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Bisma Shahid, a Pakistani Continuing to Prevail Over Tradition

“I want to show them that I took control of my own life and succeeded.”

Zoha Khan

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Overcoming the traditional South Asian culture proves to be a difficult, but not impossible task. Young and independent, seventeen-year-old Bisma Shahid is an example of just that. Shahid strives to stand out of the ‘norm’ of the Pakistani lifestyle and inspire those who are denied the possibility of living the life of which they dream. Her thoughts on today’s society and how we can better ourselves are insightful and motivating, especially to the rising generation in Pakistan.

The tone of Shahid’s voice is passionate and determined as she describes her struggles and what she wants her legacy to be. Being so young with limitless opportunities, Shahid aspires to serve as an example to others.

Q: When and where were you born?

A: “I was born in Sialkot, Pakistan on April 28, 2000.”

Q: What were some significant moments in Pakistan?

A:“I was nine when I came to Virginia and it’s (Pakistan) like a completely different universe compared to America. I was raised in a small village filled with poverty and uneducated people. The lowest of the lowest that you can think of were around me.”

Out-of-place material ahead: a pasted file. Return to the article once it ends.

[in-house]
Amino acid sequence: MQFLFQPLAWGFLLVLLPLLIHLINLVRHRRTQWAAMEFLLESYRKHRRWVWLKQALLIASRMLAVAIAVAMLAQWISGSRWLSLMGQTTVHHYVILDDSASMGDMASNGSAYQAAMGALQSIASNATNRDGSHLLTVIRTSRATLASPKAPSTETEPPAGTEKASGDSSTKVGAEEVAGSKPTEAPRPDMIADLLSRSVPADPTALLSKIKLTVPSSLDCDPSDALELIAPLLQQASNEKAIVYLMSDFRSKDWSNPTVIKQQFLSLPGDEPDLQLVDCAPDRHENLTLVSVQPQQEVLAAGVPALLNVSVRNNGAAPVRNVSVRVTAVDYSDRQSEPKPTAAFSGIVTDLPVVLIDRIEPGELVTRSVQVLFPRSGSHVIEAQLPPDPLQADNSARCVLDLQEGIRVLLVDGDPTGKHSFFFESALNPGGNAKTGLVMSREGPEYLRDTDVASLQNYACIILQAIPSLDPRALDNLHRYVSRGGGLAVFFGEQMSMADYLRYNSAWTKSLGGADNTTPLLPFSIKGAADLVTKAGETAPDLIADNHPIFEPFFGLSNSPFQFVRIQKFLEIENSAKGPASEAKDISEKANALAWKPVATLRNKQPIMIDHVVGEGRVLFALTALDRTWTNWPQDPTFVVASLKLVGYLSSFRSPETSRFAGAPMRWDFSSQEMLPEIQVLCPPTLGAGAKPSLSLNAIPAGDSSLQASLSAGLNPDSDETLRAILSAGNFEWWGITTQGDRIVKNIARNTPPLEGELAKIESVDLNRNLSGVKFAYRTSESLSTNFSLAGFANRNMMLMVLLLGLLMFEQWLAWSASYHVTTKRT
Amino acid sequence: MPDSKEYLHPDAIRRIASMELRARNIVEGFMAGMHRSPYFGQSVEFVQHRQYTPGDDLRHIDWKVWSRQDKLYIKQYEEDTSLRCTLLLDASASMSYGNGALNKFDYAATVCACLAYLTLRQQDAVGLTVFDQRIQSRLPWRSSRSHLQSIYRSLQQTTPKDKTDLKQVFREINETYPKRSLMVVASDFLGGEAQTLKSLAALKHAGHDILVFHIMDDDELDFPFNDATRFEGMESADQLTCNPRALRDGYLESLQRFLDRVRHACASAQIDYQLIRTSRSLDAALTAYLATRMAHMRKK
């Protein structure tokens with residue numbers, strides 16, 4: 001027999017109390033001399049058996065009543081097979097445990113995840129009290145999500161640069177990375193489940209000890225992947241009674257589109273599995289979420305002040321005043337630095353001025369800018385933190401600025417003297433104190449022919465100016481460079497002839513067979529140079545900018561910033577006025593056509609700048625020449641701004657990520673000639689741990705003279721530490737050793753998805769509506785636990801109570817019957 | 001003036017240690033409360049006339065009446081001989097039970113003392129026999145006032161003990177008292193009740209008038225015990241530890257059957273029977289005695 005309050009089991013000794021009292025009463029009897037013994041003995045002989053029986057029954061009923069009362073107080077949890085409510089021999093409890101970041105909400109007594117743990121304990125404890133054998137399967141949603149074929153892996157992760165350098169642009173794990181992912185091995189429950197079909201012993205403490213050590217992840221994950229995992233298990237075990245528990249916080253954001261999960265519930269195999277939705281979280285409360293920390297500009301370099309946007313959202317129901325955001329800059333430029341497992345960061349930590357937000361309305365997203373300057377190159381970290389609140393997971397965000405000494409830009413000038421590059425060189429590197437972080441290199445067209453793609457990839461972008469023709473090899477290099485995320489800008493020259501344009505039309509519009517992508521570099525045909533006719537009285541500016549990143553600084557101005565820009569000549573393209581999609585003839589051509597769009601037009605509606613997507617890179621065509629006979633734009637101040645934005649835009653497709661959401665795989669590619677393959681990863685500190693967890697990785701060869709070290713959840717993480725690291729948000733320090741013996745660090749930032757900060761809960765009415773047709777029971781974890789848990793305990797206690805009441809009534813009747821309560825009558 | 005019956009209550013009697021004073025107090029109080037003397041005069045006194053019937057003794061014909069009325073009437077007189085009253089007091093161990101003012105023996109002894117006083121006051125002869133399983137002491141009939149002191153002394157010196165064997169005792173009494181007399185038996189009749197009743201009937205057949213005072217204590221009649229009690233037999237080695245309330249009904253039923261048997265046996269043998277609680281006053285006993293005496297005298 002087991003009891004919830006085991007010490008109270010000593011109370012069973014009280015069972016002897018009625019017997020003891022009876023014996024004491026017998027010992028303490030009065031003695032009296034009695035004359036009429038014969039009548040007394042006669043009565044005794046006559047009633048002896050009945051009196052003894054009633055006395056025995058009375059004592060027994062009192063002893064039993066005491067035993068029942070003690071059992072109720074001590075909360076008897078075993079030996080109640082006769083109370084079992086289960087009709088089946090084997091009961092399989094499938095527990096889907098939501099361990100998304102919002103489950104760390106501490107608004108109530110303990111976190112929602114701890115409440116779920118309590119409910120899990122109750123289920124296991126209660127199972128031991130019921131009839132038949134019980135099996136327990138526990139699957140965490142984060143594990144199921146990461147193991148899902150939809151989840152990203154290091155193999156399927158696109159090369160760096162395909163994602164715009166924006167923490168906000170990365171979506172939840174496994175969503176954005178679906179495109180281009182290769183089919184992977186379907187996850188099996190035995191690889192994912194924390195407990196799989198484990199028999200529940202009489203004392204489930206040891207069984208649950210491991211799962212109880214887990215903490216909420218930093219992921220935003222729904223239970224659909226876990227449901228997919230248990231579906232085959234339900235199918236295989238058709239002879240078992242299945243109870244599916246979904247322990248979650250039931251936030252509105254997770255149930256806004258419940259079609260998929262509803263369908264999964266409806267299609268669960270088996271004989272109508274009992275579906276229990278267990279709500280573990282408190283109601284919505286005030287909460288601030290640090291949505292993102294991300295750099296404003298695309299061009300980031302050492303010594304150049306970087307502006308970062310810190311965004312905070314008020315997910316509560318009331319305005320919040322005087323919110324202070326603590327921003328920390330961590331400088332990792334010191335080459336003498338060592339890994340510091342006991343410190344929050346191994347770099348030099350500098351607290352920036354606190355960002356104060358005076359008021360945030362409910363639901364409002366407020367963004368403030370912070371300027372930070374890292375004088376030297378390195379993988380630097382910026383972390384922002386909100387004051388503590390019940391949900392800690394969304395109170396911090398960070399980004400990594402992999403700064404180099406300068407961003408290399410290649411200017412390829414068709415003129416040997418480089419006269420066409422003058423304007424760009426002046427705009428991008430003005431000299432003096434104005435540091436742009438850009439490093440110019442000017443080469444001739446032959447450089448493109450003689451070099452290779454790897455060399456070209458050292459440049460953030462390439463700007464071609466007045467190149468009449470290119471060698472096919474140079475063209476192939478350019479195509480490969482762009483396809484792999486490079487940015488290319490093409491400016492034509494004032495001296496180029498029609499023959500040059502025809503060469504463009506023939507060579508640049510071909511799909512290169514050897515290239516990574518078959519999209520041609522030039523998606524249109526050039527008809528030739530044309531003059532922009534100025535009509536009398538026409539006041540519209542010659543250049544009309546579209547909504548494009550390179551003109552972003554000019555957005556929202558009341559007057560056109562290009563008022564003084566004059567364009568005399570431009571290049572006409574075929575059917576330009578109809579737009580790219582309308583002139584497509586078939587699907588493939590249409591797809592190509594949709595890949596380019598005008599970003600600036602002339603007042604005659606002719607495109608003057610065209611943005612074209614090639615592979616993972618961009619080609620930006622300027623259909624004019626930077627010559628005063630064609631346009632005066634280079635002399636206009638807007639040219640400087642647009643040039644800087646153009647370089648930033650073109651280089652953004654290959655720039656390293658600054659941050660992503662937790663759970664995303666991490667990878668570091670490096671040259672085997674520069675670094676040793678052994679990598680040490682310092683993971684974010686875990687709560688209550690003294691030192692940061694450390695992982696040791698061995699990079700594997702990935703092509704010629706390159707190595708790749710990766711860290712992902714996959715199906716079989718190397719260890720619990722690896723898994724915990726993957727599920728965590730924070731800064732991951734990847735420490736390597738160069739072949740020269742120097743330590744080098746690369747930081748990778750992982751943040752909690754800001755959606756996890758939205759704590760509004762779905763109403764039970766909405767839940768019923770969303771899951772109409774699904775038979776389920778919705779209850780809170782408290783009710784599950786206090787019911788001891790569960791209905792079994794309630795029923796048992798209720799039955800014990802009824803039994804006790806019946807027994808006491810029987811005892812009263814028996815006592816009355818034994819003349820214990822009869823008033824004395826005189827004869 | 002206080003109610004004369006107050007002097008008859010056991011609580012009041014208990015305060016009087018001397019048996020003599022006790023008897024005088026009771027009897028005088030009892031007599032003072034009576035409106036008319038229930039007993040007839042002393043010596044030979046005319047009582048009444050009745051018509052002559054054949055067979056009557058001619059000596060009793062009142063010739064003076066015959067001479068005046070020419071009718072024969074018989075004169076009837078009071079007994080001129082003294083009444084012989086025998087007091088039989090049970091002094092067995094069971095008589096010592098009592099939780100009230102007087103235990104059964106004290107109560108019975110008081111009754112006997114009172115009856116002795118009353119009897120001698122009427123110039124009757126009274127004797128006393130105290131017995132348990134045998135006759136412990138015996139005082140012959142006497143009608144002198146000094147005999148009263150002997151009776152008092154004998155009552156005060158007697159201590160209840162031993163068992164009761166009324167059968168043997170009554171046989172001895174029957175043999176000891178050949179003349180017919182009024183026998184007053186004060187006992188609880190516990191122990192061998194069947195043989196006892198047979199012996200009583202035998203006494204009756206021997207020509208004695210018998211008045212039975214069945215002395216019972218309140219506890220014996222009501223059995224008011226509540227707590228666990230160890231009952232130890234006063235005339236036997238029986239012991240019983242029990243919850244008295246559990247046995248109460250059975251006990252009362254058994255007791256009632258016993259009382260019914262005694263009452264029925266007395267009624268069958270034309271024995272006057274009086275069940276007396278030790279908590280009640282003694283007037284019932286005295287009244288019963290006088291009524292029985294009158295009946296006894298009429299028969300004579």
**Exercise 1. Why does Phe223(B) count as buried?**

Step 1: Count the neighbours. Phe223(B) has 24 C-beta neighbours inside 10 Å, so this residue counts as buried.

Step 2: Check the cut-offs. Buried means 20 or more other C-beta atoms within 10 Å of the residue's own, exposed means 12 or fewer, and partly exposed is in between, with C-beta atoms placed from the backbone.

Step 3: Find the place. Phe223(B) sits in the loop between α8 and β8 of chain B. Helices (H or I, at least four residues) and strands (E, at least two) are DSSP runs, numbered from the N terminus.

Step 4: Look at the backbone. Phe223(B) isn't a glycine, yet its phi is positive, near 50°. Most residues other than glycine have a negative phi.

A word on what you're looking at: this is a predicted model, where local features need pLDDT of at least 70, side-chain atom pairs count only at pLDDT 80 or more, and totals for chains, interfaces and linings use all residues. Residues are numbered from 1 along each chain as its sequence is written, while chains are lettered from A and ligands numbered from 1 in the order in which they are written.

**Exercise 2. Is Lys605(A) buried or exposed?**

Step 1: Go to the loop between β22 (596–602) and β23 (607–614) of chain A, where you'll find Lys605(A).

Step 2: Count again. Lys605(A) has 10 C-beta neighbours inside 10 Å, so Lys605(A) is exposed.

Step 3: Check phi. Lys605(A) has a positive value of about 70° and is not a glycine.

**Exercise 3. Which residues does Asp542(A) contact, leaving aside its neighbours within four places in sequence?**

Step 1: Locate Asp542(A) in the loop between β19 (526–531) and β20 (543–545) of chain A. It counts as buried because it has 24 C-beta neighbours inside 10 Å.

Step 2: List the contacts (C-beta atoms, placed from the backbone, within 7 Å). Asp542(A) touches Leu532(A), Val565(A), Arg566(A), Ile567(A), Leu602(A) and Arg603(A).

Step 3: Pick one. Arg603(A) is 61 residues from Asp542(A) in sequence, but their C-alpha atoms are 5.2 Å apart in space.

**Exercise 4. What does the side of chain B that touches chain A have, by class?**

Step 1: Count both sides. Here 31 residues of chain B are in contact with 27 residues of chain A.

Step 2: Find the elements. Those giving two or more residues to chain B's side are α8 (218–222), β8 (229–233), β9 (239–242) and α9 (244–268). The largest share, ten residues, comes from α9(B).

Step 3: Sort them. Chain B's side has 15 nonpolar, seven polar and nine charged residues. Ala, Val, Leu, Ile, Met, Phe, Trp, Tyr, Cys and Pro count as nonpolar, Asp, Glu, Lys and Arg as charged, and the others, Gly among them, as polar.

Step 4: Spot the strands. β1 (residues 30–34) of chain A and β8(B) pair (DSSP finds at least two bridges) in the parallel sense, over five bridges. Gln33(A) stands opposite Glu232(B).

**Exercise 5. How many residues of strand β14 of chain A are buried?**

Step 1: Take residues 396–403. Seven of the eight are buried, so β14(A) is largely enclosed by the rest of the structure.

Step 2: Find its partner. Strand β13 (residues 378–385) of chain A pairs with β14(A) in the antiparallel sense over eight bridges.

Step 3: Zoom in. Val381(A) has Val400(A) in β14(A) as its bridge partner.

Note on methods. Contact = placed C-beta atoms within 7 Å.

Q: Now that you are entering college, what are your future plans?

A: “My goal right now is to move out from my parents house and become independent; moving in with my best friend and beginning a new chapter of our life together. I’ll be able to finally have the freedom that I lacked before, due to the constant control and supervision of my parents; escaping the hold they had over me mentally and now being able to grow.”

Q: Who or what inspires you?

A: “There’s only been one person who has inspired me and that is my best friend. Ever since we’ve met, there hasn’t been one specific thing- it’s just that I have always been inspired by her personality, the way she thinks and question things, and stands out amongst the crowd without having any fear. She pushes me to become better and more of myself, almost like a caretaker, and she doesn’t even realize it.”

Q: What is your greatest hope?

A: “My greatest hope rests with my relationship with God. Religion has always been different for me. It’s not something my parents forced and has never felt like an obligation to me. It is because of religion that I believe in fate and destiny; the idea that everything is planned and happens for a reason.

Q: What is your greatest fear?

A: “My greatest fear is to fail myself. I don’t want to end up  making mistakes that are so grave…  in which I can’t ever turn back and ruin everything that has been set for my destiny.”

Q: What has been your biggest struggle?

A:  “So far, it has been to get the courage and confidence in myself. Also, believing in the fact that what I am doing is right even though not many people believe so. Taking those risks that contradict others ideals, yet not regretting the outcome.”

Q: What kind of person do you want to return as when you go to Pakistan?